Drone Aircraft: How the Drones Got Their Stingers
Unmanned aerial vehicles come of age
This is part of IEEE Spectrum's special report: Top 11 Technologies of the Decade
Cruising silently overhead, an unmanned Predator aircraft uses its infrared camera to pinpoint the telltale muzzle flashes from a sniper's rifle. The plane's operators, located half a world away, then unleash a Hellfire missile from under its wing, using a laser mounted beneath the craft's nose to guide the munition into the very window the sniper had been shooting from.
Such missions represent a technological tour de force, but they've played out so often over the past few years that they no longer make headlines. What might be news, though, is just how far back the roots of this stunning 21st-century military technology reach.
The first demonstration of a remotely piloted vehicle took place in May 1898 at the Electrical Exposition in New York City's Madison Square Garden. It was less than a month after the outbreak of the Spanish-American War, which, as history buffs may recall, was sparked by the mysterious explosion and sinking of the U.S.S. Maine in Havana harbor. So when the renowned inventor Nikola Tesla used the exposition to demonstrate his "telautomaton"—a small boat operated remotely by radio—the military significance of his creation must have been obvious.
Or maybe not. Perhaps no one watching Tesla steer and flash the lights of his robotic boat had sufficient imagination to see how valuable pilotless vehicles could be in war. Yet that very year Tesla sent a paper to The Electrical Engineer magazine describing how a remotely controlled aircraft could be used as an aerial torpedo. His submission was rejected as too fanciful.
Attitudes, of course, evolved during the 20th century. As early as 1917, the U.S. Navy pursued the development of a pilotless aircraft for use against German U-boats; during the Second World War, Nazi forces filled the skies over Britain with thousands of pulse-jet-powered flying bombs; and Israeli Defense Forces used drones against Syrian forces in Lebanon in 1982. But it was only during the past decade that unmanned aerial vehicles matured into fully controllable and reusable combat aircraft. They have also proliferated, often in miniaturized forms, providing easily deployed eyes in the sky for ground troops.
The relatively late blossoming of these vehicles can be explained, in part, by improvements in the various technologies they rely on. But an increased understanding of their utility on the battlefield also accounts for the recent upsurge in their use.
Pilotless aircraft began as preprogrammed drones, evolved into remotely piloted vehicles or unmanned aerial vehicles (UAVs), and are now sometimes called unmanned aircraft systems (UASs), in appreciation of the aircraft's role within a larger collection of complex equipment.
They're most commonly used for reconnaissance or sustained surveillance. But many UAVs are equipped with lasers that can illuminate a target or even mark it for automatic destruction, using laser-guided weapons launched from other platforms. And some of the larger UAVs carry missiles themselves. At the small end of the spectrum are UAVs that a single soldier can carry around and launch by hand. AeroVironment, a company headquartered in Monrovia, Calif., manufactures some of the better-known examples, including the Raven, which is fundamentally similar to the radio-controlled planes that hobbyists fly for fun, although it's much tougher and packs more sophisticated electronic gear.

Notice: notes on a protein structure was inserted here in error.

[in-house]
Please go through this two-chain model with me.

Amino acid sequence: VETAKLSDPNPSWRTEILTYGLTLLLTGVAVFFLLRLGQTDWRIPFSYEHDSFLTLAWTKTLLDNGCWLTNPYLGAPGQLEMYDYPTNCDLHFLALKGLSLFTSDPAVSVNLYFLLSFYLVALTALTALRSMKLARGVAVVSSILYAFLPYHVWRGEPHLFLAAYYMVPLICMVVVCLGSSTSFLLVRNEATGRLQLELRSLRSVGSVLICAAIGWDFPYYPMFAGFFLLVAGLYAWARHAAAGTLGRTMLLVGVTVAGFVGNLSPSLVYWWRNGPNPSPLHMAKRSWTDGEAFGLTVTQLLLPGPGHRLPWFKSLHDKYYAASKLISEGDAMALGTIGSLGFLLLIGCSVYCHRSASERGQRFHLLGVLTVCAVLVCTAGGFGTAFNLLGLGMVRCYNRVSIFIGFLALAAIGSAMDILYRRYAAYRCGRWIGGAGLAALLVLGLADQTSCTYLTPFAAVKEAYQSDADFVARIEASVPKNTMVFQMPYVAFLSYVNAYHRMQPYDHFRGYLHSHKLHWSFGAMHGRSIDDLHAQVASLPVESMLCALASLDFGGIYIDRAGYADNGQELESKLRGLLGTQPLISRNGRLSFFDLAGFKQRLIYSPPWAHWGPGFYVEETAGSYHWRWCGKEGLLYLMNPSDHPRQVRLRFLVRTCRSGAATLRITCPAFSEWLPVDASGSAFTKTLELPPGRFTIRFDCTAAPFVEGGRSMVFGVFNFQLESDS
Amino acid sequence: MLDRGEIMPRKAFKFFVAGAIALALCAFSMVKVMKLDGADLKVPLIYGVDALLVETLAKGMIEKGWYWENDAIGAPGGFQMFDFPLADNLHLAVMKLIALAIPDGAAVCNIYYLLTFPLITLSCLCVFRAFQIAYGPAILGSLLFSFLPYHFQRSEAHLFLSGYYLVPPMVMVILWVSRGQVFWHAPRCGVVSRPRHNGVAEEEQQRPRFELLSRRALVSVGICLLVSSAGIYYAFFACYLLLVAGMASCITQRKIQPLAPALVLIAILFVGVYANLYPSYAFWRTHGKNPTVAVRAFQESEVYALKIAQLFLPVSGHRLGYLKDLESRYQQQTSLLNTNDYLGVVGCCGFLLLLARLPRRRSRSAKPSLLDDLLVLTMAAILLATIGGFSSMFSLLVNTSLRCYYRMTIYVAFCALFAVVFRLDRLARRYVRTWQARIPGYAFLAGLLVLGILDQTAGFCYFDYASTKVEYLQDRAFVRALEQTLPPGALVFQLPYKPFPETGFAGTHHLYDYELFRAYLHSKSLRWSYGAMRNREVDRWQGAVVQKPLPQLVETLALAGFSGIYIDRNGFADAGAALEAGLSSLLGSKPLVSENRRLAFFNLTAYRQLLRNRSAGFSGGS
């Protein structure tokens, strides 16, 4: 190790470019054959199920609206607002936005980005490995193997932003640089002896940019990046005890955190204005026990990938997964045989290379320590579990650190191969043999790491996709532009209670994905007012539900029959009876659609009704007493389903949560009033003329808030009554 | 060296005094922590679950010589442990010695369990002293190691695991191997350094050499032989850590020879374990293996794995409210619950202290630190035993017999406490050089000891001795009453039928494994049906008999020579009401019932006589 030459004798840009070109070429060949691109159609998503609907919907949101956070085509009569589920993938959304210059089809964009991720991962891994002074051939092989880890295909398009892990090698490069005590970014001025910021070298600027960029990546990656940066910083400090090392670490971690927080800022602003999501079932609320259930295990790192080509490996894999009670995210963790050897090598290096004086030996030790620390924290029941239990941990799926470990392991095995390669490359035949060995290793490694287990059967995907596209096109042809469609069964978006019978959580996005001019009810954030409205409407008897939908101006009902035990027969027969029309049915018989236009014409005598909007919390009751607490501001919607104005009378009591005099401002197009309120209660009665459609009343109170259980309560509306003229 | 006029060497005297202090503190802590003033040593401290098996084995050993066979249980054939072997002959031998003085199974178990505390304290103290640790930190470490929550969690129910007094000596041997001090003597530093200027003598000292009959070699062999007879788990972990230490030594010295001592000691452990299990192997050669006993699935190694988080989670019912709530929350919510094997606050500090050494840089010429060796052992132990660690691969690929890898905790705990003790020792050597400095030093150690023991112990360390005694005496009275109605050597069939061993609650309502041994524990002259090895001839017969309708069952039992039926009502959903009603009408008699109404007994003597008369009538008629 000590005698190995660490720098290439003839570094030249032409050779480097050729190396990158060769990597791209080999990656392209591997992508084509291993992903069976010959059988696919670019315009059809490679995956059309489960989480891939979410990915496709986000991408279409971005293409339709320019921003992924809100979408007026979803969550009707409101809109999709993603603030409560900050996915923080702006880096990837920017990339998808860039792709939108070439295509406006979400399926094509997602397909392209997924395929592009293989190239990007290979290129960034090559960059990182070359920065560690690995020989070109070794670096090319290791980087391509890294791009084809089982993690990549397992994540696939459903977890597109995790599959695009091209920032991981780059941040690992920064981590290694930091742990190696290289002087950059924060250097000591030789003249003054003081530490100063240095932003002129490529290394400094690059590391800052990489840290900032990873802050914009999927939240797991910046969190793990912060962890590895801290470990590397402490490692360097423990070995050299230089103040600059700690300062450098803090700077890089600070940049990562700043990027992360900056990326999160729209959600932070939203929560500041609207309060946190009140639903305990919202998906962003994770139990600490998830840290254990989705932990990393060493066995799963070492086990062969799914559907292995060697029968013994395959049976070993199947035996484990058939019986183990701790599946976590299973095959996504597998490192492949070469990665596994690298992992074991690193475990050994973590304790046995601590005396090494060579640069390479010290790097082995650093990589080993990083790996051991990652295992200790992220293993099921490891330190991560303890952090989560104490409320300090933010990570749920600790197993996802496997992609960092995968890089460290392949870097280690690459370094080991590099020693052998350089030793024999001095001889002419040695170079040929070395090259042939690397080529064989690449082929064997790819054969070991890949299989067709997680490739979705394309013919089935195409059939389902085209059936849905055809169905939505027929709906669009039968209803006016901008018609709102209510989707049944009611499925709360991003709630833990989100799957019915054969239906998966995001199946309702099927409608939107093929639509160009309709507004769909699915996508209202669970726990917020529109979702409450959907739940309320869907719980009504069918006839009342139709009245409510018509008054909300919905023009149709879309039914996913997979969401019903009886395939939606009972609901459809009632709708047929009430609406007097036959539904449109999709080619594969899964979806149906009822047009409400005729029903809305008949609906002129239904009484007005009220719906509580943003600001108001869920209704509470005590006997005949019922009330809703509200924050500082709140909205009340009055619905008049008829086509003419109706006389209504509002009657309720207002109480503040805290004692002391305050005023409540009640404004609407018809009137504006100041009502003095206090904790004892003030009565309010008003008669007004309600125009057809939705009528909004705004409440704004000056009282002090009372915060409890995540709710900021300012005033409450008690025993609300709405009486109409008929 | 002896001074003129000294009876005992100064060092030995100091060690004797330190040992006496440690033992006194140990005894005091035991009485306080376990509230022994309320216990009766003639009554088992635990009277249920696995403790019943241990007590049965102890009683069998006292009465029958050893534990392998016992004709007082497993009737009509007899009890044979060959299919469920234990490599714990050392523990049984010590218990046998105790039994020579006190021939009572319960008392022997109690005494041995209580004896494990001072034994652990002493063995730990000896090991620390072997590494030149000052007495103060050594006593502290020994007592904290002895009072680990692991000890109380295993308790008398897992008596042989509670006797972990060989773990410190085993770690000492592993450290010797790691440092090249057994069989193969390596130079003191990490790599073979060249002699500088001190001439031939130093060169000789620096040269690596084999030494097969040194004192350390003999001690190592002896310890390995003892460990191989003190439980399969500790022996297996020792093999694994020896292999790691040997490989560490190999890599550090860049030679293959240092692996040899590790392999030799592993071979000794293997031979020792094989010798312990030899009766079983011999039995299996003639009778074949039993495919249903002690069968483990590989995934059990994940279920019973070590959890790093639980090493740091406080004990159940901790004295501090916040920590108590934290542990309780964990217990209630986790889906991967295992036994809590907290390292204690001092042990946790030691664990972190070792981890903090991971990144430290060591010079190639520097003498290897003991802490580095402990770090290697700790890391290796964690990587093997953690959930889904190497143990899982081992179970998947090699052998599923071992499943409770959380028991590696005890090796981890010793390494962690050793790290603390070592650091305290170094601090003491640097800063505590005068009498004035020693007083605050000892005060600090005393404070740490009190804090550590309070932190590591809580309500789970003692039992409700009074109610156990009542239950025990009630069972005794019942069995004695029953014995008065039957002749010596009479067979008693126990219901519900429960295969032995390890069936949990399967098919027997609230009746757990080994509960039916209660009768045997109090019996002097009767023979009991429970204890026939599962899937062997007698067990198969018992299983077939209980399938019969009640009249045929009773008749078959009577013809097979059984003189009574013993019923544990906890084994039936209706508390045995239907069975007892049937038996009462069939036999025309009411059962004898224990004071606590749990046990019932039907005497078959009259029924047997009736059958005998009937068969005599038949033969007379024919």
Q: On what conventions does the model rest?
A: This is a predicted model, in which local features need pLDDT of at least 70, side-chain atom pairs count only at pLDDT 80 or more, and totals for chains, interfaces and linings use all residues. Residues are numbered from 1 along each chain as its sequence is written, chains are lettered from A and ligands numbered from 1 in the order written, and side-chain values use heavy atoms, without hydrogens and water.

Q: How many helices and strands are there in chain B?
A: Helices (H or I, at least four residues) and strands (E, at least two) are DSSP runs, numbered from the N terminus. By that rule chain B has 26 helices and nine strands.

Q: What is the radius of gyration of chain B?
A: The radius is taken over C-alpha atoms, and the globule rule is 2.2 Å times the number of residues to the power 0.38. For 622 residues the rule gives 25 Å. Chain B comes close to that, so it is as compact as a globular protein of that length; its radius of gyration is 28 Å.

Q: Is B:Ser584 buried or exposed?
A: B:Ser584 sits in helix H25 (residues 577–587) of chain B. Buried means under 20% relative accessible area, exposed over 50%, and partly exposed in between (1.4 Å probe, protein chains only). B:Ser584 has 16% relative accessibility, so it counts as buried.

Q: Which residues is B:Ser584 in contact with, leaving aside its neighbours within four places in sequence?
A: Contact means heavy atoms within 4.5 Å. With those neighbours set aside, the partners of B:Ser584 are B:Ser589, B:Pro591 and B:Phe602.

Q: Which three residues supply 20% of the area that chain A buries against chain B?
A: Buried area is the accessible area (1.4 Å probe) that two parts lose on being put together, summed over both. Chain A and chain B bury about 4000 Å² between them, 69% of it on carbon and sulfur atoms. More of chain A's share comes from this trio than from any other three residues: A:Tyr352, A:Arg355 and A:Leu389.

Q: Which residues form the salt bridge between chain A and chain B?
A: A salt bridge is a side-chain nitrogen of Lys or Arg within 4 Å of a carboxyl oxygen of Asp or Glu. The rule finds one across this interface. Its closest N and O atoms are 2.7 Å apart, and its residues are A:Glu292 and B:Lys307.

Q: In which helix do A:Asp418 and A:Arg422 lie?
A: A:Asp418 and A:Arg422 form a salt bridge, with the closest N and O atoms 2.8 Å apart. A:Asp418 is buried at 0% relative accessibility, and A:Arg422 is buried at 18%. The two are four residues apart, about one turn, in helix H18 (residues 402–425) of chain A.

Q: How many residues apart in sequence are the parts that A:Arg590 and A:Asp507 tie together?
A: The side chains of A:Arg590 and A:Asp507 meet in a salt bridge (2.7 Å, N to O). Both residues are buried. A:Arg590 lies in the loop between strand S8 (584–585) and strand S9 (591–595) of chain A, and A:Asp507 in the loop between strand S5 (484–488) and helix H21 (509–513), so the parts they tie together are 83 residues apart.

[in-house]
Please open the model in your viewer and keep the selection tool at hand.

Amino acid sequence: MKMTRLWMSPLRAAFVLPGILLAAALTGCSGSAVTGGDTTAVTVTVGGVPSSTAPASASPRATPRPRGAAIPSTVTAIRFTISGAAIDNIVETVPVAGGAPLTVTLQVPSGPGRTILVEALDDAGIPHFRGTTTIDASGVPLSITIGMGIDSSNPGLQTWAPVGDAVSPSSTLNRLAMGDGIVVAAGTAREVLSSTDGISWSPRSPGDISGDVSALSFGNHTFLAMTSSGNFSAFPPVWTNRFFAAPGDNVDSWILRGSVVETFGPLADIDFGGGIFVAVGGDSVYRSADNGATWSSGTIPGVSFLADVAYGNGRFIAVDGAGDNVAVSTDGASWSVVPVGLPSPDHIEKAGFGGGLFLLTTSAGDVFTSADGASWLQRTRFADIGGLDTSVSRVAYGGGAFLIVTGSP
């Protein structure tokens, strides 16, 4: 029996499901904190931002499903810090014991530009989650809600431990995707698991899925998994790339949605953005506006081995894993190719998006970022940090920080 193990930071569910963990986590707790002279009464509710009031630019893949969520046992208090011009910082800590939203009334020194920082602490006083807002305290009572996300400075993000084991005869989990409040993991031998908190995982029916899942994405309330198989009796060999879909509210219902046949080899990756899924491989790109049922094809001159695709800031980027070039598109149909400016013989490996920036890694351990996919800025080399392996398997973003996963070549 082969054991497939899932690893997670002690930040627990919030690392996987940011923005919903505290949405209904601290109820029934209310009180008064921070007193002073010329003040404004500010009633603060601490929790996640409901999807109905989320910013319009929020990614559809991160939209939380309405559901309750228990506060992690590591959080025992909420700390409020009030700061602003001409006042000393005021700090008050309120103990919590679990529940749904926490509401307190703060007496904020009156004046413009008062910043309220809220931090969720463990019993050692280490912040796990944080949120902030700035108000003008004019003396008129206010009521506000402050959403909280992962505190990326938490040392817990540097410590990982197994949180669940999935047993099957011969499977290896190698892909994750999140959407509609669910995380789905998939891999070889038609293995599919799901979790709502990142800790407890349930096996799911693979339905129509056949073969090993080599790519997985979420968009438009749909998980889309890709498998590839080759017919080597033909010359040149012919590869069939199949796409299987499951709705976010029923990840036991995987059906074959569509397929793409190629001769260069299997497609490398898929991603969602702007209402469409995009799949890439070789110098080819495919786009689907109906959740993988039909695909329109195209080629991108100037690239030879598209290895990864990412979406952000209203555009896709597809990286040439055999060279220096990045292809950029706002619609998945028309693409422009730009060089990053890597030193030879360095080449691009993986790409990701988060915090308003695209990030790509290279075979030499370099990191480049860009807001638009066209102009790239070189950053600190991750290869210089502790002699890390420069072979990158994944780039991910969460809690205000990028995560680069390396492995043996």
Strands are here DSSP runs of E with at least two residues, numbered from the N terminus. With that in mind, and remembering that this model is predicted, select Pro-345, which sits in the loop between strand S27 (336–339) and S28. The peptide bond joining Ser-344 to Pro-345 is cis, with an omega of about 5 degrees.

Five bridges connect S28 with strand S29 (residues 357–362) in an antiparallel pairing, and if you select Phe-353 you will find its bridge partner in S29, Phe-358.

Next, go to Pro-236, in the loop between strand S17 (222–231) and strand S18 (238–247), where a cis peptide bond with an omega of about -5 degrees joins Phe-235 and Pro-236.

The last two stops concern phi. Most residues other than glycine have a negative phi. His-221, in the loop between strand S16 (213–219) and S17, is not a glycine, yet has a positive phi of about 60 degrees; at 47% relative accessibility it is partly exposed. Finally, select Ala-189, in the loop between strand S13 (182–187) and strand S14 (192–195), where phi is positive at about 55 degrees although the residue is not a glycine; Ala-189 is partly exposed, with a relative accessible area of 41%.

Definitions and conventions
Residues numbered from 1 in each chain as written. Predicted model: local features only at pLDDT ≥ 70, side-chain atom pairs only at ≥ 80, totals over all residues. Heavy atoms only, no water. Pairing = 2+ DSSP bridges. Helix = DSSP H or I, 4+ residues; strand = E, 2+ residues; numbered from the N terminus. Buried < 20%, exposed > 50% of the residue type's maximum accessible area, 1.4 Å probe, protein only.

So, clearly, the wherewithal to construct a small UAV has been around for a long time. Why then has the use of Ravens and other hand-launched UAVs burgeoned only in the last decade?
"The technology definitely matured," says Gabriel Torres, an aeronautical engineer and project manager at AeroVironment. He notes that the Pointer, the 1990s-era predecessor of the Raven, used nickel-cadmium batteries and could remain aloft for only 30 minutes, one-third as long as the lithium ion–powered Raven can. The Pointer's support equipment was also awkwardly bulky for a soldier to carry around. "The ground-control station was like an 80-pound box," says Torres. The craft was also limited by its rudimentary autopilot, which initially relied on an electromechanical compass. "But little by little, the technology improved," says Torres.
Strides in the fabrication of microelectromechanical systems, for example, allowed tiny gyroscopes, accelerometers, and airspeed sensors to be added to the smallest of these vehicles, along with increasingly compact and reliable GPS receivers. "The other thing that changed," says Torres, "was an appreciation of the kind of mission that could be fulfilled with this type of system." With the Raven, he explains, U.S. military planners were able to work out detailed tactics, techniques, and procedures for soldiers to use small aerial vehicles in combat. "This all became very important in 2000 and 2001," he says.
This period was also a turning point for larger UAVs, in part because of advances in computers and radio links. The more important reason to call 2001 a watershed year, however, is that it marked the very first time anyone put weapons on a reusable unmanned aircraft.
COMPANY TO WATCH:
Prioria Robotics is building small UAVs that autonomously use video to steer around objects. The ability of UAVs to sense and avoid other aircraft is a prerequisite for flying in civilian airspace, and small smart vehicles, like the ones Prioria is developing, may be the first to do so.
On 2 August 2010, one of the U.S. Navy's unmanned Fire Scout helicopters lost communication with operators and was fast approaching Washington, D.C., before it was brought under control.
When General Atomics Aeronautical Systems developed the Predator in the mid-1990s, it was intended solely for surveillance. Plans took a sharp turn, though, during one of its early military deployments, with NATO forces over Kosovo.